The DOJ medically retired me because cripples can't be law enforcement officers. Fortunately, I had 19 years of federal service and was able to retire with a pension, which was a good thing since I was not able to work due to my significant disability. 

However, the suffering didn’t end there. I developed chronic, debilitating pain 3 years after the surgery.

DREW PAVILONIS

DREW PAVILONIS

Fortunately, at the urging of my sister, I had moved close to Duke University Hospital in North Carolina for follow up medical care. The doctors at Duke hypothesized that my pain was due to scar tissue that formed in my thalamus after the brain surgery. The thalamus is the brain's pain center and my pain “switch” had been permanently turned on.

I was bedridden and prayed for death daily. The pain was so bad that I could not walk. I was taken by ambulance to Duke Hospital for a one week stay as an inpatient and was medically tested to the extreme. Eventually, the doctors determined that I had real pain and referred me to pain management. 

I was prescribed methadone, four times a day. Additionally, to fight the debilitating nerve pain that I also have, I was put on the maximum dose of gabapentin. The medications just allow me to live, much like diabetics need insulin to survive. I am always in pain, but the medications control it to a tolerable level.

I am able to travel internationally (I write this from my hotel room in Berlin, Germany), do volunteer work, and ride an outdoor wheelchair. However, I worry that that I will someday become collateral damage in this “war on opioids.”

I cringe every time I see a journalist cite the CDC report about opioid related deaths in America. That report was full of errors and incorrect by the CDC's own admission. Also concerning are the jack-booted tactics of the DEA, which attacks legitimate pain treatment as if doctors were responsible for all the heroin in the country.

Those rogue tactics have had a chilling effect on the practice of pain management and contributed to a growing number of patient suicides. Many chronic pain patients have taken their own lives because they could not get the appropriate medication that they so desperately need to live.

I never thought I would see human rights violations conducted by my own government against fellow Americans. It is unbelievable.  I no longer tell people that I am retired from the DOJ because I am ashamed of it. I just say that I’m retired from the federal government. That's sad.

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Drew Pavilonis lives in North Carolina.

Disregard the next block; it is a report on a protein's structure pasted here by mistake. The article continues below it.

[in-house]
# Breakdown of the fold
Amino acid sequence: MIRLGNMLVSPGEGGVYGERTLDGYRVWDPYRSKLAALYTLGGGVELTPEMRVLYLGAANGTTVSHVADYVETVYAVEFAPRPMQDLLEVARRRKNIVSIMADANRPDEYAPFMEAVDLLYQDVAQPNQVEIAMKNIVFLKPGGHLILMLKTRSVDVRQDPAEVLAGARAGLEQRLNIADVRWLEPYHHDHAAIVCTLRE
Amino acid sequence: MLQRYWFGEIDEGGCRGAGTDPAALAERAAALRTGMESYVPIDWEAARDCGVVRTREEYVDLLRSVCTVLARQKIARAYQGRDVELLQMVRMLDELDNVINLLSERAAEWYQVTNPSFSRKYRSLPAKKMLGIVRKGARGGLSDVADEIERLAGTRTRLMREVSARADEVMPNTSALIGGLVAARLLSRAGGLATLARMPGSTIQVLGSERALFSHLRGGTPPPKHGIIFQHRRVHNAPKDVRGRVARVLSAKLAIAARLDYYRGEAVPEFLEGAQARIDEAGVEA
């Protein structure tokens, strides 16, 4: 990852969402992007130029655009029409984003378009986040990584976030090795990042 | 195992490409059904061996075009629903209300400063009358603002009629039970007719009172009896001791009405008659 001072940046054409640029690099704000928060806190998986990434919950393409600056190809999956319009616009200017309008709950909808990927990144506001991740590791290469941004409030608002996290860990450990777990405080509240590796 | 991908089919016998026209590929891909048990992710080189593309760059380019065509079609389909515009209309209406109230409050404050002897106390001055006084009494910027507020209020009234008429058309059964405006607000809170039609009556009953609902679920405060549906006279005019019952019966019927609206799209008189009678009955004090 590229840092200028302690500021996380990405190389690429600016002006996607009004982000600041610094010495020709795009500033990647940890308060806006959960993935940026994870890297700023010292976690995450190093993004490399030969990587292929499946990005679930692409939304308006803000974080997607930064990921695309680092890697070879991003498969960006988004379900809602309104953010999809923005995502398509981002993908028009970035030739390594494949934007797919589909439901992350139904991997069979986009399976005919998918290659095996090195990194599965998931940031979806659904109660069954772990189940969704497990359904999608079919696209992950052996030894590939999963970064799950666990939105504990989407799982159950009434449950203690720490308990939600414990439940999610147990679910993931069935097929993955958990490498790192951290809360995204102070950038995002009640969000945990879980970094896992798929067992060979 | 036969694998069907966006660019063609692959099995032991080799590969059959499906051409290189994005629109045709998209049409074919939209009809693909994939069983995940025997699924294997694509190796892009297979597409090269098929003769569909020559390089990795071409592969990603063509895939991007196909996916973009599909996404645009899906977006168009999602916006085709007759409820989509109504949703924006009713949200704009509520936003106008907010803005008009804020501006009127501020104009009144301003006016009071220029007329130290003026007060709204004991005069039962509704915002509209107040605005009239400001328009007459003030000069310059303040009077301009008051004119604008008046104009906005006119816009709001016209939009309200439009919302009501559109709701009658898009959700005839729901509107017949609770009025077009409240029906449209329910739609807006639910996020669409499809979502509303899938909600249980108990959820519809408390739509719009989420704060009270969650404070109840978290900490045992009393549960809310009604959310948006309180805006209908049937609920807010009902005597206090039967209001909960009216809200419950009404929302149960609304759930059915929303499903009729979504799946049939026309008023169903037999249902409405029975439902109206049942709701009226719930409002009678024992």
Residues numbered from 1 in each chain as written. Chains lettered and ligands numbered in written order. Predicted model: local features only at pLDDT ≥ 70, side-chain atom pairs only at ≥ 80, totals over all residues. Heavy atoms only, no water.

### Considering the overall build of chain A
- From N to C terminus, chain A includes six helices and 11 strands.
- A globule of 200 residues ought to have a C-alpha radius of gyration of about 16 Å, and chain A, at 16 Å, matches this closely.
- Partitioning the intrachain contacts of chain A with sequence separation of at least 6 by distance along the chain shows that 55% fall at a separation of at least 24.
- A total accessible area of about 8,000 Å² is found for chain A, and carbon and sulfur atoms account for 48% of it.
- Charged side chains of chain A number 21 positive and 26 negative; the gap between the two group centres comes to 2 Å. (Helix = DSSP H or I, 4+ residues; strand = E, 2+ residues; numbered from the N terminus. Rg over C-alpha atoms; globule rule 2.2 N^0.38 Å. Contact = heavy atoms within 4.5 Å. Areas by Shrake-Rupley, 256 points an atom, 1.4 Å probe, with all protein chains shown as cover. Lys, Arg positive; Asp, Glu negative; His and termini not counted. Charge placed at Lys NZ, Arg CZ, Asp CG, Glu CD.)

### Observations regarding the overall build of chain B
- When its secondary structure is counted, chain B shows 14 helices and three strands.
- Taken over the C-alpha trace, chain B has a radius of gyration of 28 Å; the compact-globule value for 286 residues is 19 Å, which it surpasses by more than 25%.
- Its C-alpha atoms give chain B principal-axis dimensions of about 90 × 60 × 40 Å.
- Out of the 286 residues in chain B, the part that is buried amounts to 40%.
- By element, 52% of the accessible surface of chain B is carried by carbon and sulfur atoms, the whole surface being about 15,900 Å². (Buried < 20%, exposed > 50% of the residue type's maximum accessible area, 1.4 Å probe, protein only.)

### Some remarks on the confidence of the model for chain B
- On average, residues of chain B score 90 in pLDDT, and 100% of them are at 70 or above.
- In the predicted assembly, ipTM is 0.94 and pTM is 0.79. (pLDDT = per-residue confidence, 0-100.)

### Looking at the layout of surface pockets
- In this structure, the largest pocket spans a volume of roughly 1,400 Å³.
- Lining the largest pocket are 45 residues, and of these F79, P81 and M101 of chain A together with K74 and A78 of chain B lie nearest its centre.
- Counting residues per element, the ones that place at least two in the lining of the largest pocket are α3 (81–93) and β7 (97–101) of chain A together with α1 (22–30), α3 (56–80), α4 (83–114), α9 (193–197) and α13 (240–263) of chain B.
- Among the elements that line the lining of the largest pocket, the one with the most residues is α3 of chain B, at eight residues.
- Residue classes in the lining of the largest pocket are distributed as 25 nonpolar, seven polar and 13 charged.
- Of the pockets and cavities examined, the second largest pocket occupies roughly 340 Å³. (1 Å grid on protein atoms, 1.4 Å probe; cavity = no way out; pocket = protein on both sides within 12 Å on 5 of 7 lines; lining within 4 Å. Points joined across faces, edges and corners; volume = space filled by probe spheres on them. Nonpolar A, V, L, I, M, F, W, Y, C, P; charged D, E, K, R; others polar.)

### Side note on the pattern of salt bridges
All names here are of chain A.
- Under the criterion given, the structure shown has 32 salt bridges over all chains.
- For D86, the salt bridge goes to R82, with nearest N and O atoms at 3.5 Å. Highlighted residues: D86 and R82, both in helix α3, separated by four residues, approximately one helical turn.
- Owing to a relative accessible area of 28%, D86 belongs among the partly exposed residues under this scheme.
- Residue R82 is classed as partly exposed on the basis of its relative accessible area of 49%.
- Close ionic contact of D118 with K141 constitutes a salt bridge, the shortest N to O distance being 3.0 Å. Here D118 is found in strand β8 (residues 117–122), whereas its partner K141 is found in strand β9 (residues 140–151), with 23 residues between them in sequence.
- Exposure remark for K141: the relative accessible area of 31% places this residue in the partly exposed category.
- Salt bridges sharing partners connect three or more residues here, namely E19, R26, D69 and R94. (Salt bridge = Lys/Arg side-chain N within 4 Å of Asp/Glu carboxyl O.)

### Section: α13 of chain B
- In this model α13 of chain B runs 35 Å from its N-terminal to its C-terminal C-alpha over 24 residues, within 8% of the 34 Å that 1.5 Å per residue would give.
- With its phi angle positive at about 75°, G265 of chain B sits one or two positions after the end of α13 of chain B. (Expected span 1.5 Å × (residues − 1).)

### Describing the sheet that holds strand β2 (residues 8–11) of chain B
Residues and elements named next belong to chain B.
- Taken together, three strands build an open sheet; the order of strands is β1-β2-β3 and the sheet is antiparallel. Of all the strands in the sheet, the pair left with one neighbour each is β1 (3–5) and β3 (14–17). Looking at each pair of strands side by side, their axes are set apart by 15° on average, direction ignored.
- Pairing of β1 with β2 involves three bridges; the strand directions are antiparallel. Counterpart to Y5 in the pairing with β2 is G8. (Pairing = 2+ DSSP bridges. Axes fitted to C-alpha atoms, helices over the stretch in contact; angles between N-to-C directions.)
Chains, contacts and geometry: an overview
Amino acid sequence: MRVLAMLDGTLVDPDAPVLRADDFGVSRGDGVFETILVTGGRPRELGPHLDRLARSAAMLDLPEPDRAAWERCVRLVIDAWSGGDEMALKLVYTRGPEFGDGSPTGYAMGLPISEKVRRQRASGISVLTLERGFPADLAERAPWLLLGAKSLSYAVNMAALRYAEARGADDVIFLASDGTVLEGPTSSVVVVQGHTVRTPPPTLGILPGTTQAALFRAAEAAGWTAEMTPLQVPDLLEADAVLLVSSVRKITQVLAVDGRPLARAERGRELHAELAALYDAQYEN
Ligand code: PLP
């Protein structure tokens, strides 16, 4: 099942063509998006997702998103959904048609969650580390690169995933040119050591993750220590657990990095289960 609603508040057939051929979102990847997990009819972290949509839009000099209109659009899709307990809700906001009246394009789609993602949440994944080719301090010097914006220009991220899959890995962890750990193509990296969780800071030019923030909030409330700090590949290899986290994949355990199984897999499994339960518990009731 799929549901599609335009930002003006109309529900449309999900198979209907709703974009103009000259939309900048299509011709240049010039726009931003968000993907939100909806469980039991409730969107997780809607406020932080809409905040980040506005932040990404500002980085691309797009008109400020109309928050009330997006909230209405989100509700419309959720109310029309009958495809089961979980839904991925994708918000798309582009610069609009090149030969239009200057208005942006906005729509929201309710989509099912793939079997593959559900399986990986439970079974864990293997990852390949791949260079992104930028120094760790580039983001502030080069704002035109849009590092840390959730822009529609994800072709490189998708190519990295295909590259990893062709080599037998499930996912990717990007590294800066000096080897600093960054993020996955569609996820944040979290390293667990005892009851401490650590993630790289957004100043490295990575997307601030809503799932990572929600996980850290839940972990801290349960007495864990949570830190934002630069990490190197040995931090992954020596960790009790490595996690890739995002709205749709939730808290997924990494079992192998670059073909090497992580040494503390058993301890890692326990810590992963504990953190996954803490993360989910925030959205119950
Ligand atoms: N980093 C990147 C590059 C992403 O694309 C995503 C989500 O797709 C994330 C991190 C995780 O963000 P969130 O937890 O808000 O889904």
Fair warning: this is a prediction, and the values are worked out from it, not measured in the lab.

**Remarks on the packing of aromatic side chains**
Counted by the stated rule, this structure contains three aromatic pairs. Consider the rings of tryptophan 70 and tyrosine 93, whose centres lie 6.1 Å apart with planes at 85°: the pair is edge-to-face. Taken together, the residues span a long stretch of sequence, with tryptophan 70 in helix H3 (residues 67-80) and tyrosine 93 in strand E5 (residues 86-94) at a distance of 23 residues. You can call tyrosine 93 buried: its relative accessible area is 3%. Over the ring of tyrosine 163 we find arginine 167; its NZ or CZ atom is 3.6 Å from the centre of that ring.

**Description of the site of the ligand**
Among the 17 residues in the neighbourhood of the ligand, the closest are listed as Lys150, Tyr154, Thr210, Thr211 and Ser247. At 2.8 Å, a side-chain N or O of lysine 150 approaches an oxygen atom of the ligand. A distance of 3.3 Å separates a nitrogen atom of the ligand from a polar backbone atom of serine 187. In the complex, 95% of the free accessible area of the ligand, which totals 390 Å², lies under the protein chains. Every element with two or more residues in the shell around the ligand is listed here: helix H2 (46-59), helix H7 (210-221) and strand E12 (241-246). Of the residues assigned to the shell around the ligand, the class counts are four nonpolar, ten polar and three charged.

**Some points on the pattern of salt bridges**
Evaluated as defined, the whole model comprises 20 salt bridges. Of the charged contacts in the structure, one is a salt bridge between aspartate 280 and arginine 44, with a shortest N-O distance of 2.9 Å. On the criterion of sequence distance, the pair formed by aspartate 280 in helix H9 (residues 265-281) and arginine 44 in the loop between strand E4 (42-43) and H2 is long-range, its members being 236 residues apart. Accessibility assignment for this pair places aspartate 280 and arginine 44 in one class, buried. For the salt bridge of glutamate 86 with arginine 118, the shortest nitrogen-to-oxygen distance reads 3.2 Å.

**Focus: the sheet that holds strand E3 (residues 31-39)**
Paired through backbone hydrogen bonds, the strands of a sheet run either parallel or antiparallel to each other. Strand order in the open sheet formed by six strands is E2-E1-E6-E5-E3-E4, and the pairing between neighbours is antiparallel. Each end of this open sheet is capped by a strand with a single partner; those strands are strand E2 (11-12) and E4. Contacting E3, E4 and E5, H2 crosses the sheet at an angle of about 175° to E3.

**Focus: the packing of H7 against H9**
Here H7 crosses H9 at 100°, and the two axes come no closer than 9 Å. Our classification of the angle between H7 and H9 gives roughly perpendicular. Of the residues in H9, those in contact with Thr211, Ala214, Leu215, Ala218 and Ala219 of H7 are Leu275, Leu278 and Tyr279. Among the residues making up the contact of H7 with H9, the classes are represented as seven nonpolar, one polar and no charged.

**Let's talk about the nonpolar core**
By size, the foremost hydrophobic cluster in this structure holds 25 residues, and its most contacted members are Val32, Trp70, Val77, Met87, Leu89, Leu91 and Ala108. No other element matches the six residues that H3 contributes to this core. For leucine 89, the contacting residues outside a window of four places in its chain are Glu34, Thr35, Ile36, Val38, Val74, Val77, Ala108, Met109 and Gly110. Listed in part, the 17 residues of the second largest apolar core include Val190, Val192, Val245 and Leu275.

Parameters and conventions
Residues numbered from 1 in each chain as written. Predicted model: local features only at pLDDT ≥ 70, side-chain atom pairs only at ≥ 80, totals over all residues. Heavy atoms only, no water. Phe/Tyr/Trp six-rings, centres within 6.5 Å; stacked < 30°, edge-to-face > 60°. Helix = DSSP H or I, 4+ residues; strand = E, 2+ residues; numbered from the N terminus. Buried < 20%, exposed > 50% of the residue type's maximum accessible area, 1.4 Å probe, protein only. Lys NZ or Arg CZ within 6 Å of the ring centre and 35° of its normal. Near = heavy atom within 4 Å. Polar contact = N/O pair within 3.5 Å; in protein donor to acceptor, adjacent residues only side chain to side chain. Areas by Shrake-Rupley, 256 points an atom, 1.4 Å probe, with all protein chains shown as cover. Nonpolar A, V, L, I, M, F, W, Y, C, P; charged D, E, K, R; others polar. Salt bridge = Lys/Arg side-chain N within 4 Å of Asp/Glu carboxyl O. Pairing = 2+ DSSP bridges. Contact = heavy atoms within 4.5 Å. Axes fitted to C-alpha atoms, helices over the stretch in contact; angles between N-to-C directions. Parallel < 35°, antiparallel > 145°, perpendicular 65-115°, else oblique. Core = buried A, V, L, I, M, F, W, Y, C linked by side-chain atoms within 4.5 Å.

Pain News Network invites other readers to share their stories with us. Send them to editor@painnewsnetwork.org.

The information in this column should not be considered as professional medical advice, diagnosis or treatment. It is for informational purposes only and represents the author’s opinions alone. It does not inherently express or reflect the views, opinions and/or positions of Pain News Network.

Fed Prosecutors to Target Doctors and Pharmacists

By Pat Anson, Editor

Attorney General Jeff Sessions has announced the formation of a special prosecution unit in the U.S. Justice Department to target opioid fraud and abuse.

The 12-member unit will not focus on the flourishing underground trade in heroin and illicit fentanyl, but will instead use healthcare data to identify doctors and pharmacies that prescribe or dispense large amounts of opioid pain medication, and prosecute those suspected of fraud or diversion.

“I have created this unit to focus specifically on opioid-related health care fraud using data to identify and prosecute individuals that are contributing to this opioid epidemic,” Sessions said in a speech at the Columbus Police Academy in Ohio.

“This sort of data analytics team can tell us important information about prescription opioids -- like which physicians are writing opioid prescriptions at a rate that far exceeds their peers; how many of a doctor's patients died within 60 days of an opioid prescription; the average age of the patients receiving these prescriptions; pharmacies that are dispensing disproportionately large amounts of opioids; and regional hot spots for opioid issues.”

For the next three years, Sessions said 12 experienced prosecutors will focus solely on investigating and prosecuting health care fraud related to prescription opioids, including pill mills and pharmacies that divert or dispense prescription opioids for illegitimate purposes.

The Opioid Fraud and Abuse Detection Unit will concentrate on 12 federal court districts around the country:

  1. Middle District of Florida
  2. Eastern District of Michigan
  3. Northern District of Alabama
  4. Eastern District of Tennessee
  5. District of Nevada
  6. Eastern District of Kentucky
  7. District of Maryland
  8. Western District of Pennsylvania
  9. Southern District of Ohio
  10. Eastern District of California
  11. Middle District of North Carolina
  12. Southern District of West Virginia

The Attorney General said preliminary data shows that nearly 60,000 Americans lost their lives to drug overdoses last year, but only in passing did he note that many of those deaths were caused by heroin and illicit fentanyl. In some states, such as Ohio, Pennsylvania and Massachusetts, more overdoses are linked to illicit fentanyl than any other drug. The CDC estimated that about one in four overdose deaths in 2015 involved prescription opioids.

Sessions said in recent years some government officials – who he did not identify -- have sent “mixed messages” about the harmful effects of drugs.

“We must not capitulate intellectually or morally to drug use. We must create a culture that is hostile to drug abuse. We know this can work. It has worked in the past for drugs, but also for cigarettes and seat belts. A campaign was mounted, it took time, and it was effective. We need to send such a clear message now,” Sessions said. “I issue a plea to all physicians, dentists, pharmacists: slow down. First do no harm.”

Last month the Justice Department announced the largest health care fraud takedown in history, resulting in the arrests of over 400 people around the country. Over 50 of the defendants were doctors charged with opioid-related crimes.

The department also announced the seizure and take down of AlphaBay – a large “dark net” website that hosted over 200,000 listings for synthetic opioids and other illegal drugs.

Sessions has long been a critic of marijuana legalization, but did not mention it in his Columbus speech. In May, he wrote a letter to congressional leaders asking them not to renew a federal law that prevents the Justice Department from interfering with state medical marijuana laws.